Karen Snouffer’s paintings and wall sculptures in “Seeking Joy” are energetic, vibrantly colorful and without exception, abstract.
The title of her exhibit at the Ohio State University College Club refers to her system and its end result — and the response, she hopes, of viewers.
“Because of what we have all been suffering from these very last couple years — socially, politically, medically — I feel trying to get joy is what I’ve been undertaking in using so considerably color and motion,” Snouffer reported. “Am I creating joyful objects or is the pleasure in the system? The joy is also up to the viewer.”
The frequent denominators of the 30-some functions in the show are the use of architectural visuals and an abundance of contrasting and complementary colours. Snouffer, a Gambier resident and professor emeritus at Kenyon Higher education, explained she is often influenced by buildings and sights from places she has been to at household and overseas.
She developed “Scaffold,” for occasion, soon after a excursion to Rome where setting up assignments involving scaffolding seemed to be everywhere you go. The acrylic portray, also designed with stickers, glue and ink, offers clusters of exuberant thrives in orange, black and yellow — as nicely as a scaffold-like image.
The large “Apostrophe,” (72 by 42 inches) presents an animated apostrophe condition towards an orange subject in the leading left part of the canvas.
A lesser painting, “Red Boat,” shows what may possibly or may not be the red vessel as the central determine surrounded by block-like shapes in a wide range of colours.
Snouffer, 75, who taught portray and drawing and has worked in figurative art, mentioned she is fully commited now to abstraction, a style she finds much more creatively demanding and absolutely free.
She cites neuroscientist Eric R. Kandel’s theories involving the viewing of summary artwork vs . figurative works. With figurative artwork, visuals draw the viewer’s memory to individuals, spots or factors he or she can remember. With abstract art, the viewer is compelled to attract on their imagination to decide what the artwork usually means.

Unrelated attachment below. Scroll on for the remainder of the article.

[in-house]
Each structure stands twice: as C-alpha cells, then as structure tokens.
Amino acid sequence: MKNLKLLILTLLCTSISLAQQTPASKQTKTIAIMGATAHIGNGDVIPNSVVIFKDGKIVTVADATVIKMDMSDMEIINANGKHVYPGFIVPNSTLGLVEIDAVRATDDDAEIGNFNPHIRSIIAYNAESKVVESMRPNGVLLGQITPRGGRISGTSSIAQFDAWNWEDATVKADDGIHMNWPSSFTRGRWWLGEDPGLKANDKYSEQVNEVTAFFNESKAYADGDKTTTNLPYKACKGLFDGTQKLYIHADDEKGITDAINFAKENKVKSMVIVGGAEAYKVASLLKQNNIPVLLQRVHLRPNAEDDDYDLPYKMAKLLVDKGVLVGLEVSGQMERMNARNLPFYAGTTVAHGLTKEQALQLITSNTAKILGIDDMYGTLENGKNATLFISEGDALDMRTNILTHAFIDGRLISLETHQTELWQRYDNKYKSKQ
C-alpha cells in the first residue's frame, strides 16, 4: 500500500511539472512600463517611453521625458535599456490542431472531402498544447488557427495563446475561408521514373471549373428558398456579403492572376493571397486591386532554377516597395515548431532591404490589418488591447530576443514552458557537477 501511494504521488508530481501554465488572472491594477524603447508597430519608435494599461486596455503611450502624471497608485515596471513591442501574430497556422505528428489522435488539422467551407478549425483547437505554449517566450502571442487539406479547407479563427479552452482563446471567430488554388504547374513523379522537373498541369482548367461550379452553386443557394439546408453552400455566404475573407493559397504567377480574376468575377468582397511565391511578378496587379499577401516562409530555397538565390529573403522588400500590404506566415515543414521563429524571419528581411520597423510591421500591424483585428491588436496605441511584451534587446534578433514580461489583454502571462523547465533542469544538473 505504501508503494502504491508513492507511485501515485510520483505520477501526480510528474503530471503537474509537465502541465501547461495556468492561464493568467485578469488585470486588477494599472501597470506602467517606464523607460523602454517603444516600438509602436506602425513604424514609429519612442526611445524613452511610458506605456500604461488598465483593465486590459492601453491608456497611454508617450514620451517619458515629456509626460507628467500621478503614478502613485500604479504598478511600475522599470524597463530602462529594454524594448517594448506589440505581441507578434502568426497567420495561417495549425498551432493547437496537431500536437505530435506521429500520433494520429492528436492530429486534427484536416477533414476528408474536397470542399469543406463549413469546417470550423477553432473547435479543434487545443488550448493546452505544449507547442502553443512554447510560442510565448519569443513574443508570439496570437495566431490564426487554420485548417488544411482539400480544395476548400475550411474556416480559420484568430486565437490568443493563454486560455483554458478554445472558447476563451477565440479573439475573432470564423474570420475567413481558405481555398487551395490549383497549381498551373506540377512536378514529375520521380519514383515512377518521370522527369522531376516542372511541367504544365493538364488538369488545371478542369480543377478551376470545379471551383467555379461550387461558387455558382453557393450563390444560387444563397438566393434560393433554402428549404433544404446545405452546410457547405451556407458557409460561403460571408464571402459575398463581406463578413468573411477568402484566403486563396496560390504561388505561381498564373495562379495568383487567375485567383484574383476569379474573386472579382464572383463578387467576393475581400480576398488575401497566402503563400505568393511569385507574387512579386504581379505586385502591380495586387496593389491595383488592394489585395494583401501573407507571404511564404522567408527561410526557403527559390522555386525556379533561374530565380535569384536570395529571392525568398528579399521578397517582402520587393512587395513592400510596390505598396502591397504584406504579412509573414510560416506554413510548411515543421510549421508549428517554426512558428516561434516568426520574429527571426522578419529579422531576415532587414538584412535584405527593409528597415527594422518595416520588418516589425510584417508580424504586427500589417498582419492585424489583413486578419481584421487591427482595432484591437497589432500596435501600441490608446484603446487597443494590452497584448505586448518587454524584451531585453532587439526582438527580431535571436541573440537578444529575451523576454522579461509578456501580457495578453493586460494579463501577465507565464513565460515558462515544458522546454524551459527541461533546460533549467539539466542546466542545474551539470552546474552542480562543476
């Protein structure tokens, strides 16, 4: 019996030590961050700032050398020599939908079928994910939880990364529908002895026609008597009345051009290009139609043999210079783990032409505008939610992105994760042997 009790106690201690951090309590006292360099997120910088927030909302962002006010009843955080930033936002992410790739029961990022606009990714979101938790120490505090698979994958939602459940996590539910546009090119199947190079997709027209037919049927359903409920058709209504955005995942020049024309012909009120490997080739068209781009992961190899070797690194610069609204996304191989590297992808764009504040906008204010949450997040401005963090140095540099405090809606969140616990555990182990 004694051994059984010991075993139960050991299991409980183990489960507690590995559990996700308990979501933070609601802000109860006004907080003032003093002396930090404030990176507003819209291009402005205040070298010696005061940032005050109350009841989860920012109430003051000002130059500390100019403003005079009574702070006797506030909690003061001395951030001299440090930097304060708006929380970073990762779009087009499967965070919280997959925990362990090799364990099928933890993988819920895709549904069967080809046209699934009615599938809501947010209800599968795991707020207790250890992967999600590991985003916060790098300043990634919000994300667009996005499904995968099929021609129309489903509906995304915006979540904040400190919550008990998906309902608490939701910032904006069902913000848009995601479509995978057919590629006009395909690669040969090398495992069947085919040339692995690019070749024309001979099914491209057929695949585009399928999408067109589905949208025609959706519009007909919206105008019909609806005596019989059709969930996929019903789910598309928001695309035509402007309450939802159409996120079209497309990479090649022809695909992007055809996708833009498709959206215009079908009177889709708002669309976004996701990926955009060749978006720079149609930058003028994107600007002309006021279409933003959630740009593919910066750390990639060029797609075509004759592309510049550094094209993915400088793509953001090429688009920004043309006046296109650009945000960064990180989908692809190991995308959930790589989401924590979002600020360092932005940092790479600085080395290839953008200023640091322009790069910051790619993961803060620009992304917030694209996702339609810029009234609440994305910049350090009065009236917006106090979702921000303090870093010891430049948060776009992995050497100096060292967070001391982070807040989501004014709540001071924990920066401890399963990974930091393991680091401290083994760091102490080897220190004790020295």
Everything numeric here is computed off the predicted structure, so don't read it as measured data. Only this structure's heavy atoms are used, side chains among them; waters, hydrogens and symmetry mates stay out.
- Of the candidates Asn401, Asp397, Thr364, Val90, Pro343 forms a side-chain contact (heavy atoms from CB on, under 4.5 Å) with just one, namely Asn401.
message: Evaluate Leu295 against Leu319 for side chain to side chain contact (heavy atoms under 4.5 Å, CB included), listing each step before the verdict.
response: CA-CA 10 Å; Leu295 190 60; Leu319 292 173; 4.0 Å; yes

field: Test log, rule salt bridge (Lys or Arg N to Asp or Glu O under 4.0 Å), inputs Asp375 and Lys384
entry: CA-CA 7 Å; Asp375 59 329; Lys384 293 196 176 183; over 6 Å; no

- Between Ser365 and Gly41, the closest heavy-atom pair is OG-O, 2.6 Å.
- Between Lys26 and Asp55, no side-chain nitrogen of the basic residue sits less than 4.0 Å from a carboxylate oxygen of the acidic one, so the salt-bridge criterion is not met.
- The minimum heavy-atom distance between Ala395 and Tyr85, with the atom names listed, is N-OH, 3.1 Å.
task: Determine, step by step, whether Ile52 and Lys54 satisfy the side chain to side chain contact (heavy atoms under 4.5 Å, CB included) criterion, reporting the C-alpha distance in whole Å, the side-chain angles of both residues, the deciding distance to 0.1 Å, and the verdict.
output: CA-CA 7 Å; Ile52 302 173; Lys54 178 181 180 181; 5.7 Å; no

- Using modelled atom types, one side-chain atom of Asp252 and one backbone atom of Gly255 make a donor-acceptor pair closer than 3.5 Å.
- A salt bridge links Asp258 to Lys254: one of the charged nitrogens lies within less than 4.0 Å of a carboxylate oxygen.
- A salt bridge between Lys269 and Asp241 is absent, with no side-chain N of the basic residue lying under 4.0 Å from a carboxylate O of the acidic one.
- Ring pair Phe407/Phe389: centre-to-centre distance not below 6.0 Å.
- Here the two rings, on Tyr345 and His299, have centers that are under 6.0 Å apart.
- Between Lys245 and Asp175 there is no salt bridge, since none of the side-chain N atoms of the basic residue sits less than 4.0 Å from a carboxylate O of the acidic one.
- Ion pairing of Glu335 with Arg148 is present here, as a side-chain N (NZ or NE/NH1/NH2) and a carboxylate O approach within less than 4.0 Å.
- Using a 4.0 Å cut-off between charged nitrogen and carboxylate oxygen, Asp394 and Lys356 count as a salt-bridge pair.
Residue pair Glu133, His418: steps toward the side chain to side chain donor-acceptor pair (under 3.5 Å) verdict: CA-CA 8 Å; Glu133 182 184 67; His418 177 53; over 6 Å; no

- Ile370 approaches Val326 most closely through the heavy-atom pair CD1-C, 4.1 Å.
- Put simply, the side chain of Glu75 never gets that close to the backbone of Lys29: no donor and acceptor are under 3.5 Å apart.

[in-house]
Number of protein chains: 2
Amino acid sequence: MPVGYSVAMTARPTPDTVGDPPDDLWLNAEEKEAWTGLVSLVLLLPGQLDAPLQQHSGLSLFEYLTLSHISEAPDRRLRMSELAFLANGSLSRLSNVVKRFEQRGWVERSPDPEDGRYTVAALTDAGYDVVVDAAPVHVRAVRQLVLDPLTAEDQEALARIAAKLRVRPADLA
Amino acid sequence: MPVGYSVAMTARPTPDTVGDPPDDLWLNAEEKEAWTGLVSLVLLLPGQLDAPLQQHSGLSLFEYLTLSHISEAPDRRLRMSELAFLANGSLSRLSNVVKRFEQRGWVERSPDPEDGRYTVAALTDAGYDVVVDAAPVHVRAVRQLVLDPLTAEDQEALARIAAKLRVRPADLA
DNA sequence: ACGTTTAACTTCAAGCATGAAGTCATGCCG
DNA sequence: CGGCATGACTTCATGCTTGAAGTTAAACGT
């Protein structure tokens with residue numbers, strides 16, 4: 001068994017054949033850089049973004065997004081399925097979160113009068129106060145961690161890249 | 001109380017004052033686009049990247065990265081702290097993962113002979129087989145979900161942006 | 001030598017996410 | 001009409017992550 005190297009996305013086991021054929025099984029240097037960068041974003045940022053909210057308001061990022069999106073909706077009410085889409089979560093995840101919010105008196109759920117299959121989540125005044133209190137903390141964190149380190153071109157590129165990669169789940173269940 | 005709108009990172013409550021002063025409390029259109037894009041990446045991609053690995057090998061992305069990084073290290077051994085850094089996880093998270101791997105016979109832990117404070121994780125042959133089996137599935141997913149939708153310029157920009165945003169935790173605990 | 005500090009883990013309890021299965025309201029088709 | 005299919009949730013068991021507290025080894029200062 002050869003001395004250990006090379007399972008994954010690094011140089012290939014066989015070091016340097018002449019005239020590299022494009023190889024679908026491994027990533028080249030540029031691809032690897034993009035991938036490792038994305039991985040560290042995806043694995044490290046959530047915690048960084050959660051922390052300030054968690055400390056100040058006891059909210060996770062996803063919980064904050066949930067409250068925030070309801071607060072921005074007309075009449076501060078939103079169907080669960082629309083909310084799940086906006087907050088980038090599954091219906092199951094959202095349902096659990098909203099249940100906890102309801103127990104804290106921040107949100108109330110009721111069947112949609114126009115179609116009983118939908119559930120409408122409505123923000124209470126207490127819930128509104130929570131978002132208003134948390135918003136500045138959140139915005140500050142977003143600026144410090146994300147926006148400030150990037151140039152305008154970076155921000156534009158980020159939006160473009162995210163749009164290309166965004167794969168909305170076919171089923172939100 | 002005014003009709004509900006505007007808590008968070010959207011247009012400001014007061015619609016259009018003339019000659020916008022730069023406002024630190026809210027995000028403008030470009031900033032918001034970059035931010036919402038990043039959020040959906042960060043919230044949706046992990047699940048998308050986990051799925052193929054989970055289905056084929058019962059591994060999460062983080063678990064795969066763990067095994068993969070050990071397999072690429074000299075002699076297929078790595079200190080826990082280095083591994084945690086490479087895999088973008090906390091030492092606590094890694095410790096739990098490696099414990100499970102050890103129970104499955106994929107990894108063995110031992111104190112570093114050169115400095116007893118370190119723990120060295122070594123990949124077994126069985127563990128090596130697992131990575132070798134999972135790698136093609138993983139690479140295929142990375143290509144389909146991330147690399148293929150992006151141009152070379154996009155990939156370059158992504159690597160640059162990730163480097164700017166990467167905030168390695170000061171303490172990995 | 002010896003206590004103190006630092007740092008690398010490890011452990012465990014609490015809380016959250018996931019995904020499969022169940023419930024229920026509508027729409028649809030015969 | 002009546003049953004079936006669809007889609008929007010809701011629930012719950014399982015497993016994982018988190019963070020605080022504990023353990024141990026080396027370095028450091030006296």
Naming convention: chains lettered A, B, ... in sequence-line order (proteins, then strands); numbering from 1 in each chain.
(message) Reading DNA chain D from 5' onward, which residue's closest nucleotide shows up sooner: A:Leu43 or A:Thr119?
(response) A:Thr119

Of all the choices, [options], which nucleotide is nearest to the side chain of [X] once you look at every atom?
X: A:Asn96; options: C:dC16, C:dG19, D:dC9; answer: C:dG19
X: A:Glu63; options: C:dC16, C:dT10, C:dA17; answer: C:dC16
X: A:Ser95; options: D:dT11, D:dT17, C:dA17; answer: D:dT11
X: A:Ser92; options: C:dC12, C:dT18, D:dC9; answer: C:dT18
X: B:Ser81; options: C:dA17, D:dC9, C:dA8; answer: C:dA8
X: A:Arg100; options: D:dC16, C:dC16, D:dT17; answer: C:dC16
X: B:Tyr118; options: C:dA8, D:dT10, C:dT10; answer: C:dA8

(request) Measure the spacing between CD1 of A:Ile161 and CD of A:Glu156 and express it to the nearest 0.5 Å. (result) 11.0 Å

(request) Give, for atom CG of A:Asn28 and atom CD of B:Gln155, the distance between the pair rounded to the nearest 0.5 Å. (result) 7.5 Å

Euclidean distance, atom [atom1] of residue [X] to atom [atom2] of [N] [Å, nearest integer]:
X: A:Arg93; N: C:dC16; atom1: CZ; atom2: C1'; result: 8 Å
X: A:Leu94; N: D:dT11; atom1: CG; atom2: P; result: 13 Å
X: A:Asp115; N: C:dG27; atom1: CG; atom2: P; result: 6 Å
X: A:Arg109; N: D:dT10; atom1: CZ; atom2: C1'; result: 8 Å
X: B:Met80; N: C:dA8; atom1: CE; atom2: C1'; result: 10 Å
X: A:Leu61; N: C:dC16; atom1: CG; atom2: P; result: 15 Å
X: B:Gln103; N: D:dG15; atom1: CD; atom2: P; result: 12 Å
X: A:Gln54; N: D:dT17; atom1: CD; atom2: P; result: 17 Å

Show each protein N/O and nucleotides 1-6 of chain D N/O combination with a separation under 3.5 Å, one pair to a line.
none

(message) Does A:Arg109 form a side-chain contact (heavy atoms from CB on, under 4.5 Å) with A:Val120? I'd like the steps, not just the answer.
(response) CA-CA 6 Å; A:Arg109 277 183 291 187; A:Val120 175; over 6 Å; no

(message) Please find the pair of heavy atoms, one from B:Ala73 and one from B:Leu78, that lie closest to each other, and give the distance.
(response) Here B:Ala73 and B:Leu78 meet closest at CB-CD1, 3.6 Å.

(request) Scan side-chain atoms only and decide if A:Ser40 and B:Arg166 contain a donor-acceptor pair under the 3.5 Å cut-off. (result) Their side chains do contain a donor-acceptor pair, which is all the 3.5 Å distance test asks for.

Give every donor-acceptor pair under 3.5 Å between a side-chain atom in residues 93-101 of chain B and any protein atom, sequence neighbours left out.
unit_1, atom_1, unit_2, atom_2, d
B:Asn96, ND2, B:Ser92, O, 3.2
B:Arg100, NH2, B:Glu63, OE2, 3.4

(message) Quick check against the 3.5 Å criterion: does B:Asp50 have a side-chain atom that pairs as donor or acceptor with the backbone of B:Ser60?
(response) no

“I really like that unique persons see diverse things in my do the job, and I love that often they spend time with a portray,” Snouffer explained.
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Snouffer also obviously enjoys the components of her function. In “Totter” and “Duck Beneath,” she employs wisps of lower paper in black, yellow and gray — and often even black glitter — to style movement-crammed wall hangings. Yellow, she claimed, “can be a joyful coloration or it can reveal caution and concern — and it performs artistically with black and gray.”
Lots of much more materials are identified in the wall sculpture “Push Out,” a black-and-white relief stuffed with lacy paper, black fuzz, a black-and-white checkerboard and even replicas of cicada wings.
As always, Snouffer invitations her viewers to discern which means in her works. She has studied and explored the chaos idea and enjoys the notion of and introducing contradictory themes in her operate. She is relentlessly curious and experimental with supplies and themes, all of which lead to the delight she finds in making art.
As a septuagenarian, she suggests, “I program to be doing this for another 20 years.”
“Trying to get Pleasure” is a worthwhile intention for the artist and those who look into her operate.
At a glance
“Seeking Joy: Karen Snouffer” proceeds via Feb. 18 at the Ohio Point out College School Club, 181 S. Oval Generate. Hours: 9 a.m. to 5 p.m. weekdays. Masks are required. For facts, phone Lisa Craig Morton at 614-309-0191 or check out www.ohio-statefacultyclub.com.
This post originally appeared on The Columbus Dispatch: Karen Snouffer exhibiting summary artwork at Ohio Condition Faculty Club